Love the look of the outside of the mountain house. I agree with most of here and would not put in turf. I would totally love the clovers. About the hottub. We have a swim-spa (an enormous hottub with swim jets) in our backyard and that is a BIG BIG box (25 feet). We build it half way in the ground and build a redwood deck around it so you can step in it easily. If you build in you have to make sure there is a pump to get any rainwater out since that’s the lowest point in the yard (to where the rain water flows) and the electrical/pumps of the tubs are mostly on the lowest point. Also a point is the noise. Don’t place the tub close to neighbors (just like your fire pit), the jets make a lot of noise and yes, you raise your voice and kids will scream and laugh. You don’t want neighbors getting annoyed with you-nothing worse then to listen to people in hot tubs drinking -too- much wine ;-( Last thing I wanted to point out is the material on the ground around the hottub. You don’t want any dirt/rocks/pebbles etc… Read more »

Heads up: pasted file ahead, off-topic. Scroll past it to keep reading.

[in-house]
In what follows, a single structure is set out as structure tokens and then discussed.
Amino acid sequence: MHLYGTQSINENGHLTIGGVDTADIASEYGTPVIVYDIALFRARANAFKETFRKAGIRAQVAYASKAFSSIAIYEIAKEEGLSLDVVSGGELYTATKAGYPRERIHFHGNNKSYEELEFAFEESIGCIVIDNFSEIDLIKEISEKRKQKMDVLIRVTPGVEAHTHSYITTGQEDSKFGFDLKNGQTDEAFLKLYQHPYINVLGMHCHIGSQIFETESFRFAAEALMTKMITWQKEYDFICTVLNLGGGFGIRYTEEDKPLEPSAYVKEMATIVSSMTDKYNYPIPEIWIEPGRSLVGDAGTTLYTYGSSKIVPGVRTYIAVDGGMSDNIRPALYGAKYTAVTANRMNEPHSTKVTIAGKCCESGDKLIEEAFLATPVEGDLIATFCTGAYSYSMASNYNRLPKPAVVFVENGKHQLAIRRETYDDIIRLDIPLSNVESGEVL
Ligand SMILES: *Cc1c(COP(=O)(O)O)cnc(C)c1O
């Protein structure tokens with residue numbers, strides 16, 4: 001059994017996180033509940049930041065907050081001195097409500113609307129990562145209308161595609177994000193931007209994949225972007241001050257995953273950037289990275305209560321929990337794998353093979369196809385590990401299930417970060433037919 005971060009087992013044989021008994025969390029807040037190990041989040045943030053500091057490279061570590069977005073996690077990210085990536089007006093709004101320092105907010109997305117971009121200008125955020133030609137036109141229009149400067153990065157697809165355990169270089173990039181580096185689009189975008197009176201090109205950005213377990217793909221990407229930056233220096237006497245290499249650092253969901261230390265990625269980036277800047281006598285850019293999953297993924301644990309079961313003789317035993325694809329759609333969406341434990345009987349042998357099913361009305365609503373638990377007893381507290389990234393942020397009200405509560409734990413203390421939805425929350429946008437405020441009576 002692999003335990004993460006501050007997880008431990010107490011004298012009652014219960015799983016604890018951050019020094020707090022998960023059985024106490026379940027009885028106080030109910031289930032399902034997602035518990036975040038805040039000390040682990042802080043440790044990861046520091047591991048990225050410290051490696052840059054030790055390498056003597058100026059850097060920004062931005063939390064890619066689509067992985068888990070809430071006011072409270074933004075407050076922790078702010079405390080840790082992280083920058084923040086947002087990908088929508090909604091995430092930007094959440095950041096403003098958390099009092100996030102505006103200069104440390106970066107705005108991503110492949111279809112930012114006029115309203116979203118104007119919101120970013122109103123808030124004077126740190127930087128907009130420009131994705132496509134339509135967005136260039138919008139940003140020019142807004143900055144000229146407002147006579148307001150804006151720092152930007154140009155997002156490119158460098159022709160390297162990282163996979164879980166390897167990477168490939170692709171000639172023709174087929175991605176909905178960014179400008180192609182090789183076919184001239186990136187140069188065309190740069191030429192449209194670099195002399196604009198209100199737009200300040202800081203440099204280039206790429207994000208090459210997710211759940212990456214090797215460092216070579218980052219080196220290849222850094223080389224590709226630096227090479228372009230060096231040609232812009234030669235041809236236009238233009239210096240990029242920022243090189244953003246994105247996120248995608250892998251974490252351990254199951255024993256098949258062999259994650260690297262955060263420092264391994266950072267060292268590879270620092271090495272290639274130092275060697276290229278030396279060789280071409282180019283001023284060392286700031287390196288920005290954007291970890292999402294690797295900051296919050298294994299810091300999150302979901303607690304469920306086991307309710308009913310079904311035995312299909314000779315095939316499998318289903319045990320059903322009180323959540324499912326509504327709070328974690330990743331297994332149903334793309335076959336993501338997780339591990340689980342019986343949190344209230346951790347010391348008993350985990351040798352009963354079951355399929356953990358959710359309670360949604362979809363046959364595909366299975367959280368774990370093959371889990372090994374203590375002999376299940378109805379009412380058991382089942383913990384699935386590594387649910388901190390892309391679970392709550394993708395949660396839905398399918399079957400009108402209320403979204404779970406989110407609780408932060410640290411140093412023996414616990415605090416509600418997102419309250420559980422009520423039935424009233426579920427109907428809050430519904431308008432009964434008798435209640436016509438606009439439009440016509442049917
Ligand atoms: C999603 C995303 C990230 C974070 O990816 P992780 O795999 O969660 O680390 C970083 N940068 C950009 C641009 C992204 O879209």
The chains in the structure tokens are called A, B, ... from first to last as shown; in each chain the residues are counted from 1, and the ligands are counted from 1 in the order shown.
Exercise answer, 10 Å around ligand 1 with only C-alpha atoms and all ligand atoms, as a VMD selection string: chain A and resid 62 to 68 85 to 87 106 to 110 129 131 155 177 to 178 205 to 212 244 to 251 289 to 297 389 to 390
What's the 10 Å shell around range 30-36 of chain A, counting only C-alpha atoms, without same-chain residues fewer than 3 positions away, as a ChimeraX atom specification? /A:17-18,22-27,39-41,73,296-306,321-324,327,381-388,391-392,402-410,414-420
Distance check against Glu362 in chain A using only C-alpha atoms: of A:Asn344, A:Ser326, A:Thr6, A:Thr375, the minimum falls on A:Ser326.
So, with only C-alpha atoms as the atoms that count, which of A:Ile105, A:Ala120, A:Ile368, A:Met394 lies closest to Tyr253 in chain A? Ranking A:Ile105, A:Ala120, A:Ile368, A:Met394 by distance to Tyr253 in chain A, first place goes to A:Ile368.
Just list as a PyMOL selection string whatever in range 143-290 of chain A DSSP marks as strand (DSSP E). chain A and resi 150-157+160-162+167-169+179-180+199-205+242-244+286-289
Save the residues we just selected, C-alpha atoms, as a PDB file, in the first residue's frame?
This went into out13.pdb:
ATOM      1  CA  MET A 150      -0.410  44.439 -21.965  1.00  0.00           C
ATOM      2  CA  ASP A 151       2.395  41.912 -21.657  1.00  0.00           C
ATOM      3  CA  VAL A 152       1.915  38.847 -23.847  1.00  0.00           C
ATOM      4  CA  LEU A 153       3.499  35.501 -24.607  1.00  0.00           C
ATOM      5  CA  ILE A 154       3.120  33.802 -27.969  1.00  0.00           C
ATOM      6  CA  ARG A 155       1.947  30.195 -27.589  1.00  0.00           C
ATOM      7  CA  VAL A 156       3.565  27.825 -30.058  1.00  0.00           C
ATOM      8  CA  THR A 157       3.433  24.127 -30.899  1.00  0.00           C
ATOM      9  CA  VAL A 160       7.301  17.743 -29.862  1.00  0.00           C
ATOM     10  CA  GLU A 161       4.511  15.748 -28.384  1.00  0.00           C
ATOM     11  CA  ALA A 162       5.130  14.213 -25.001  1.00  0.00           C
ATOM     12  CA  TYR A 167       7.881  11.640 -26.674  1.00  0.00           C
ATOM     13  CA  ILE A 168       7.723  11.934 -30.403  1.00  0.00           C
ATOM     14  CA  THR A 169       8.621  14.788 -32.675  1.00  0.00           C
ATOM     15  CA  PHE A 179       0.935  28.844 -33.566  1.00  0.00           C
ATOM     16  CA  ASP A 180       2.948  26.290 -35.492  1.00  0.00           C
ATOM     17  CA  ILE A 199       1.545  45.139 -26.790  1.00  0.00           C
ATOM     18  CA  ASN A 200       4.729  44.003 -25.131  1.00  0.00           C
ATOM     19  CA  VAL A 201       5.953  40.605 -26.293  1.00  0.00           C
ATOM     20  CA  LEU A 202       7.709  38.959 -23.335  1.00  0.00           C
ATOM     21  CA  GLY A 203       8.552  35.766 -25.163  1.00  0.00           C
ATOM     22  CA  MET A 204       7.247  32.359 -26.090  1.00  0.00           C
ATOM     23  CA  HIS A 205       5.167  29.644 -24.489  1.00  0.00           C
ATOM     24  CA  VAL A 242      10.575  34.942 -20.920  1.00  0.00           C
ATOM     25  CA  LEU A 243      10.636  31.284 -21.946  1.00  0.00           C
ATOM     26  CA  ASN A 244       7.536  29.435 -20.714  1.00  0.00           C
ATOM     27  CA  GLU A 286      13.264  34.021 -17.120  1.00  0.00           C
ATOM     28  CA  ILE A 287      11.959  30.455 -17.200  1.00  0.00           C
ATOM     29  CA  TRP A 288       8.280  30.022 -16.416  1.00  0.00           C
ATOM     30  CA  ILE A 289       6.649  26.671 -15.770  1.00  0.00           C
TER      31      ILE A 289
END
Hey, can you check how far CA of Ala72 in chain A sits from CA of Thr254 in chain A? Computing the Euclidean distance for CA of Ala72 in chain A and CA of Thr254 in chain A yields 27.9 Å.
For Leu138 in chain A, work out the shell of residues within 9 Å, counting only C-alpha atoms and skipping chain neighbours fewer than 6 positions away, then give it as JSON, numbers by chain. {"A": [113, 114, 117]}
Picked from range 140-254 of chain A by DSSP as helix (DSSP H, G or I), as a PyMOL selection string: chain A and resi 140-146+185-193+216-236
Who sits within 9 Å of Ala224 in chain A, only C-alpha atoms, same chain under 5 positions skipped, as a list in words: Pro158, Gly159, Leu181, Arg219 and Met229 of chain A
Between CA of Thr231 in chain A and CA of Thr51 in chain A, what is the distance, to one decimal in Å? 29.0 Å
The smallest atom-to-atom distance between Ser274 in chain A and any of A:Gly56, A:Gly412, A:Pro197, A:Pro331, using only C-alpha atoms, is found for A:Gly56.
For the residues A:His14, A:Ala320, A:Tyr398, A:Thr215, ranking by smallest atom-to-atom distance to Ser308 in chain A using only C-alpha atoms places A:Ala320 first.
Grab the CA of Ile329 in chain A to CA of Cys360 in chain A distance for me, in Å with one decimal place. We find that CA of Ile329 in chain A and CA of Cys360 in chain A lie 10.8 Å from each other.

For synthetic grass check out Superlawn Xtreme 80 oz. I was completely opposed to synthetic but was outnumbered, so this was a tough sell for me and after looking at samples this one was the obvious winner. It has a lot of density with brown roots and real enough looking two-tone green. In small quantities it looks okay. 100% permeable backing, shine block, heat block. All synthetic has the advantages of no water/chemicals/fertilizer. My online research found that recycling is possible but it’s not like you can put it in the blue bin, and its more often done with sports turf (and even most of that is repurposed rather than recycled). The individual materials are recyclable but separating them to be able to recycle is the issue. Hopefully there will be more accessible recycling options for residential applications within the next 10-20 years (the lifespan of this product) but it’s definitely a factor in deciding real vs synthetic.